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Stadium could boost Miami's chances of MLS return
MIAMI (Reuters) - The chances of Major League Soccer returning to Miami have been boosted after city politicians gave their backing to the building of a new, purpose-built, stadium for the sport.
A huge redevelopment plan for downtown Miami includes the demolition of the Orange Bowl stadium and its replacement by a new baseball park for the Florida Marlins and a soccer-specific venue.
Miami Dade County, which backed the plan on Tuesday, is ready to put aside $50 million for the new soccer stadium and that could help persuade Major League Soccer (MLS) that Miami is the right place for an expansion team.
The absence of a central and soccer-specific stadium contributed to the lack of success of the Miami Fusion - a MLS franchise between 1998 and 2001 who ended up playing in the neighboring city of Fort Lauderdale.
"Mayor (Manny) Diaz has been a champion of the sport and has been speaking with us for more than a year," MLS spokesman Dan Courtemanche told Reuters.
"The Orange Bowl site connects with the soccer public in the city and we believe a MLS team in Miami could serve a part of the community that is not necessarily served by other sports at the moment."
Courtemanche said there was no shortage of interest being displayed from potential investors in a franchise.
"There are multiple individuals and organizations that have contracted us regarding an expansion team - the interest is there," he added, before reiterating there remained intense competition from other cities for expansion slots.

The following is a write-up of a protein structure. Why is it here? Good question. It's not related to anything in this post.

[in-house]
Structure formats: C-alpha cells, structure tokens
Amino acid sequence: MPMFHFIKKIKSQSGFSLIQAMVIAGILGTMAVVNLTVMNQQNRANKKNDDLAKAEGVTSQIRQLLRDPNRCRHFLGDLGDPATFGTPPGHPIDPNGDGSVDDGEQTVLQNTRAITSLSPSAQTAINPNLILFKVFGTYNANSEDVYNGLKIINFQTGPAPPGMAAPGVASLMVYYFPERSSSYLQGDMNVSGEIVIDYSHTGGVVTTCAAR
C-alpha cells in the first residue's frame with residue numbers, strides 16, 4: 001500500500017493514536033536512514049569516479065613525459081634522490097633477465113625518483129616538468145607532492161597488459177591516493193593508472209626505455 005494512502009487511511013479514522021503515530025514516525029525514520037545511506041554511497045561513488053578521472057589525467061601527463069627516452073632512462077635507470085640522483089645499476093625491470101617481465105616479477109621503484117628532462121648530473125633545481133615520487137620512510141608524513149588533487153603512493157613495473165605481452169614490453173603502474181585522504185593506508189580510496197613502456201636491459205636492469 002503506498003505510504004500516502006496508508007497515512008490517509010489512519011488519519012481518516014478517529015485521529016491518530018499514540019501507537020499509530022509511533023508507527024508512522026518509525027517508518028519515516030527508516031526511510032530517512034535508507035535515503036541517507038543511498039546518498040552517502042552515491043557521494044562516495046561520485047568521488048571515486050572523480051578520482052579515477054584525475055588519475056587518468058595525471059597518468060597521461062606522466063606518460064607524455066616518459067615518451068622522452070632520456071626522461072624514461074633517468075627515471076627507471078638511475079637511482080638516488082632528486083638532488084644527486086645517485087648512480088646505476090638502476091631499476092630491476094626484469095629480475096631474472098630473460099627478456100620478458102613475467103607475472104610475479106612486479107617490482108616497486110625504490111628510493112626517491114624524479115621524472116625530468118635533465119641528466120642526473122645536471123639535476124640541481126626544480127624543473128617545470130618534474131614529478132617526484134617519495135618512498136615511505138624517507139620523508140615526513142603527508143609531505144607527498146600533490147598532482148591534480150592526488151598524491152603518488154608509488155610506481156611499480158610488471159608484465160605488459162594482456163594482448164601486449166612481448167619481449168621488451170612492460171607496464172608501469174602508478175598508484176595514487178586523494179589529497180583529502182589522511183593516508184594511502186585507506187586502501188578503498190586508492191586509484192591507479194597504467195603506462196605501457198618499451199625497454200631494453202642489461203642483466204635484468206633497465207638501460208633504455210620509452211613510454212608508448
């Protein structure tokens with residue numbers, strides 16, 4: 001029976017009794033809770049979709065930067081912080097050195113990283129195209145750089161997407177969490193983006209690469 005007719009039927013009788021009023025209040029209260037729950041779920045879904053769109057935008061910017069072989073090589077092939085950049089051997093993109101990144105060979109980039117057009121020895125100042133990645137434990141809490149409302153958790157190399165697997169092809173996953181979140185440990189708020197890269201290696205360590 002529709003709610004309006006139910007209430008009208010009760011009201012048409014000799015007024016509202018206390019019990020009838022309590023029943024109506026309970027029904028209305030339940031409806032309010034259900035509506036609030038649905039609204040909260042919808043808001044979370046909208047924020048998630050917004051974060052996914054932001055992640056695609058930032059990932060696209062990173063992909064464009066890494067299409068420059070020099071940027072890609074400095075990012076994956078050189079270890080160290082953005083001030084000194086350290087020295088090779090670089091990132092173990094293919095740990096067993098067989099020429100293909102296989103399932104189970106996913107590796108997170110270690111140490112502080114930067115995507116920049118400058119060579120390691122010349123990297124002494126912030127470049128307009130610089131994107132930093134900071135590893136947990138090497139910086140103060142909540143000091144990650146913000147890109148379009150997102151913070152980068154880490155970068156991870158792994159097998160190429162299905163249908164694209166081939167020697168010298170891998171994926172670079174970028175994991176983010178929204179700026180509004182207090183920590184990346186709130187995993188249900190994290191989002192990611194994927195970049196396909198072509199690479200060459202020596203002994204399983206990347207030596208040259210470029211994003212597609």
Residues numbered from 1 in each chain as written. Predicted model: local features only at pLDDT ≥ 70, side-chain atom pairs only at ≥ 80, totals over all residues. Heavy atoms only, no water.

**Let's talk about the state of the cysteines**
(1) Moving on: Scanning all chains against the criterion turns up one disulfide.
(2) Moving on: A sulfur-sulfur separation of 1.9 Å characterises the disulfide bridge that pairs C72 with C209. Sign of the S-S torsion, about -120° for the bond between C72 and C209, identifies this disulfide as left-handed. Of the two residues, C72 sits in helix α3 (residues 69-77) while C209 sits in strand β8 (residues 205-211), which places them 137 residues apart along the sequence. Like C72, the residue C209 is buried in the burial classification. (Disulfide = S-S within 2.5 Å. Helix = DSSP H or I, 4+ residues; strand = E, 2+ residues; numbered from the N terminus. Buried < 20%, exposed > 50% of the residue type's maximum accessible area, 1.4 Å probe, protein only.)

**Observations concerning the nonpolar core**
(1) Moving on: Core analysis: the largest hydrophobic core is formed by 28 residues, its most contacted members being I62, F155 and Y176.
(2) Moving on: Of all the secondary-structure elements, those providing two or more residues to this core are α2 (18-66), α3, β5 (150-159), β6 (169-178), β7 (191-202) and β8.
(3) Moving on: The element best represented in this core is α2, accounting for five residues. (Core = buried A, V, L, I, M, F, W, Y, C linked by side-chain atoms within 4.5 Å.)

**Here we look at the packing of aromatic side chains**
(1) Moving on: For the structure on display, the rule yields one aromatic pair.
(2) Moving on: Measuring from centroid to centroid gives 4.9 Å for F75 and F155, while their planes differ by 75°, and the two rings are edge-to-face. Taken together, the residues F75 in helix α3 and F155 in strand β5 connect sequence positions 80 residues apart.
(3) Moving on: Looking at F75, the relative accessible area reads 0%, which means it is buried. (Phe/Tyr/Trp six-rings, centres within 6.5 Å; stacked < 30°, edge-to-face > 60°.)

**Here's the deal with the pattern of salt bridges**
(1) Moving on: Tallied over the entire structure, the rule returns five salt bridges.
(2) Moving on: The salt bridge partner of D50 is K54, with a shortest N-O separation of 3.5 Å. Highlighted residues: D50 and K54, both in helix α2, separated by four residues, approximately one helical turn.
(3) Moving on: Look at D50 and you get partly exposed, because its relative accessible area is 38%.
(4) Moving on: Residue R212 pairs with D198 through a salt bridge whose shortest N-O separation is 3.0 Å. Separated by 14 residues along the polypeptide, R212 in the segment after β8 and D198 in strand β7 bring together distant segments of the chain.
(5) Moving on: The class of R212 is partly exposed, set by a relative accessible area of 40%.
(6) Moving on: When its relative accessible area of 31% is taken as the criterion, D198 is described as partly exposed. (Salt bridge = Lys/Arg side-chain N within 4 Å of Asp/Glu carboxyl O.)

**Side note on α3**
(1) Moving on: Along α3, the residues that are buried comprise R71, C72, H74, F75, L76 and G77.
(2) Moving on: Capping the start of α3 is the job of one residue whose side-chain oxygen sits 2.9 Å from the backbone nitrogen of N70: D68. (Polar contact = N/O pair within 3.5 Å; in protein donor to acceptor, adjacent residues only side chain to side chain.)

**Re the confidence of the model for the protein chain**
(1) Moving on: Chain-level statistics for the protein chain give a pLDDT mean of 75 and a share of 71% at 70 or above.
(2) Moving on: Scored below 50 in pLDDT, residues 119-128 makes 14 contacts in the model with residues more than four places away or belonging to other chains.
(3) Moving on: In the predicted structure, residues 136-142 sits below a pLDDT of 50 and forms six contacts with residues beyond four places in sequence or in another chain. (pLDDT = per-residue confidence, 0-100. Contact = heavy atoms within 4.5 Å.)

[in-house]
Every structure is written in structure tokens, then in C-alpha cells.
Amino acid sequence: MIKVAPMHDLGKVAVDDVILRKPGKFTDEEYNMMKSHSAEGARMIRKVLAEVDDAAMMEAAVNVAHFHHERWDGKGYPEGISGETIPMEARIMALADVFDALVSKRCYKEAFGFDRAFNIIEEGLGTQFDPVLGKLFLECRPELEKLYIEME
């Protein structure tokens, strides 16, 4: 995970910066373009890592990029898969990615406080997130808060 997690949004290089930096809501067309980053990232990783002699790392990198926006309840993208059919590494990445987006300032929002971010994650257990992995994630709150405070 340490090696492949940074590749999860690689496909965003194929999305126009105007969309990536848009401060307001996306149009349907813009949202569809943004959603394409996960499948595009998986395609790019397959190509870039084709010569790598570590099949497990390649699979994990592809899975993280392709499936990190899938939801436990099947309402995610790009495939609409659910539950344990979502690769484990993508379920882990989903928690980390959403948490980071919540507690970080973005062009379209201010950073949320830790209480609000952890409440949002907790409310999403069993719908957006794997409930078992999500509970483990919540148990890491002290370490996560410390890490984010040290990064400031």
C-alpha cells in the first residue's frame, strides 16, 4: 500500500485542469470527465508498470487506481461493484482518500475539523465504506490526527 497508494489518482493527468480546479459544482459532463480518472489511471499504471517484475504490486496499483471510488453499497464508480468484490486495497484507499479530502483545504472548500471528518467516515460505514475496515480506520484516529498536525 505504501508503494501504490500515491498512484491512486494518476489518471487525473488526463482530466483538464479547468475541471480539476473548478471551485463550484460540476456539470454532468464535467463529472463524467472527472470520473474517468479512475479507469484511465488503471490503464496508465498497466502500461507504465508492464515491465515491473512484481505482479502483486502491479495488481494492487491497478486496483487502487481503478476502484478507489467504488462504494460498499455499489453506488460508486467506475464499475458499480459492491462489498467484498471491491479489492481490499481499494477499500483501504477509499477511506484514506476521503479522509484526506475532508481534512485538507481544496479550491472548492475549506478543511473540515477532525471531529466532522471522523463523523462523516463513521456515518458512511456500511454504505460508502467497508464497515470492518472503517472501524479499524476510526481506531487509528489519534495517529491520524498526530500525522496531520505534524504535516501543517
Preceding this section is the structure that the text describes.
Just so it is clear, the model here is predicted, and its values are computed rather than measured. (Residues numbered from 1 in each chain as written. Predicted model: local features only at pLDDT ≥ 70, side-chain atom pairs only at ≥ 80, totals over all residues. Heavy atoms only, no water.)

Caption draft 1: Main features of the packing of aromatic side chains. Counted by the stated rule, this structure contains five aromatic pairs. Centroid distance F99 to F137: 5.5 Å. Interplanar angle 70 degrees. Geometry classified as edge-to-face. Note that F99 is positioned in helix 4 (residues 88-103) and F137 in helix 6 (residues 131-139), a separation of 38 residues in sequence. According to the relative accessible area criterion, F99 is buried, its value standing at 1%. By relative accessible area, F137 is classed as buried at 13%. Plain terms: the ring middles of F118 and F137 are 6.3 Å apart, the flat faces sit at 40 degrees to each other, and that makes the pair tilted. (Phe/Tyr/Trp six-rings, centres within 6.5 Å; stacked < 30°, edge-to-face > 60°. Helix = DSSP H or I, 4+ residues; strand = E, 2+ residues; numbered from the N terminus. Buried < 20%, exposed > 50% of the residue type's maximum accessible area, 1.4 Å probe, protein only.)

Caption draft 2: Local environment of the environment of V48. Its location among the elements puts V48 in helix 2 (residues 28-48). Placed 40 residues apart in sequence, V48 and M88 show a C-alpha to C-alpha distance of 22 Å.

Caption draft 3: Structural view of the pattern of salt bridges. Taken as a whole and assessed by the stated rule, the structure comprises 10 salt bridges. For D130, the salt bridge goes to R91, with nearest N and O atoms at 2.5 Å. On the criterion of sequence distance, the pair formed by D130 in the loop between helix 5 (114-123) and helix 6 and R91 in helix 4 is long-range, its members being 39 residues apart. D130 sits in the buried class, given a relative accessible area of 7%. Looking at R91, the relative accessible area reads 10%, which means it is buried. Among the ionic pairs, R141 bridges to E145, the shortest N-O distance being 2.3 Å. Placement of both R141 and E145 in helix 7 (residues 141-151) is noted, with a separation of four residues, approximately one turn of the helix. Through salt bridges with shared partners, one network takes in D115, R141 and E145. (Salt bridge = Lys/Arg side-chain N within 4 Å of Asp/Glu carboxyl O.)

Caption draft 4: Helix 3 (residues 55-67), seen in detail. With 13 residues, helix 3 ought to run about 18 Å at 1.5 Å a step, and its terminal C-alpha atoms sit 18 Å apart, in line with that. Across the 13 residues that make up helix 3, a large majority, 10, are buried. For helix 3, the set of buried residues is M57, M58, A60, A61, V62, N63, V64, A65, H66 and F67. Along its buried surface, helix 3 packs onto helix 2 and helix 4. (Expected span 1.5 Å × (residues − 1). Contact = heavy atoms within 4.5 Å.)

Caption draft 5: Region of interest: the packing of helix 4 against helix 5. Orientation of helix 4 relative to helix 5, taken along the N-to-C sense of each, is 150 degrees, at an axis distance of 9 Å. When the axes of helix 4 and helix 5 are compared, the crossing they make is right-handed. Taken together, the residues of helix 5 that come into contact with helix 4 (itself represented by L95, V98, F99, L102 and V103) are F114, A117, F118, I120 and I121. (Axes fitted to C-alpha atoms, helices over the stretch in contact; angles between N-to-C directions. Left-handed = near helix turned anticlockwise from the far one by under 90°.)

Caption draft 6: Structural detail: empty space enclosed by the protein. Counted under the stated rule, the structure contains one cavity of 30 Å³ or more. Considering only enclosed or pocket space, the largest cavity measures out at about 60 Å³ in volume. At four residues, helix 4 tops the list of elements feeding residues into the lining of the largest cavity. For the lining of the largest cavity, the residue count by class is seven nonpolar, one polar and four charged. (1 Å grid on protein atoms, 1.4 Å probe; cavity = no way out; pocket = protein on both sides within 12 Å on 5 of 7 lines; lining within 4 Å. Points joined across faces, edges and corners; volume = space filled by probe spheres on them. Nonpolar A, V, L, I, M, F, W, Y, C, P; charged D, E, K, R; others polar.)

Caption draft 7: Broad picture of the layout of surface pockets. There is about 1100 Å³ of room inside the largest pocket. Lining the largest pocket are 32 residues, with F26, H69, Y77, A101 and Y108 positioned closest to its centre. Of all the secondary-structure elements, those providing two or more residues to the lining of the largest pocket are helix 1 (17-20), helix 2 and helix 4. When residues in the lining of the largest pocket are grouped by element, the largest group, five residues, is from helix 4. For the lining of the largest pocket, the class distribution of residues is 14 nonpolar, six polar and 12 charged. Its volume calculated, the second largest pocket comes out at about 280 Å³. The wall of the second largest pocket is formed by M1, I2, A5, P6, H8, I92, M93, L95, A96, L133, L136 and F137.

The MLS will have 14 teams next season with the return of the San Jose Earthquakes and will add a team in Seattle in 2009 and then look to have a 16th team in place for 2010.
A decision on the 16th team will likely be made by next March with several cities - including Philadelphia, St. Louis and Detroit in contention with Miami.
Miami already has a professional team, Miami FC, who play in the United Soccer Leagues, a rung below the MLS, and their president Aaron Davidson welcomed the plan for a new venue.
"It is phenomenal and the important thing is for everyone to come together to get the best possible professional team in this city, whatever league it is in," Davidson told Reuters.
"There is now a base of land and money and a willingness from the city and the county to support the growth of soccer at a professional level," added Davidson, whose club is owned by Brazilian sports media firm Traffic Sports.
Although Miami FC and Traffic have not been in talks with the MLS about becoming an expansion team, Davidson said they were open to being part of the process.
Miami FC's Brazilian links have enabled them to bring in players like ex-World Cup winners Romario and current club head coach Zinho and the Latin American connections in Miami appeal to the MLS.
"The South Florida market has become very different in the past six or seven years with the influx of people from Latin America from soccer-loving countries," said Courtemanche.
(Editing by Greg Stutchbury)
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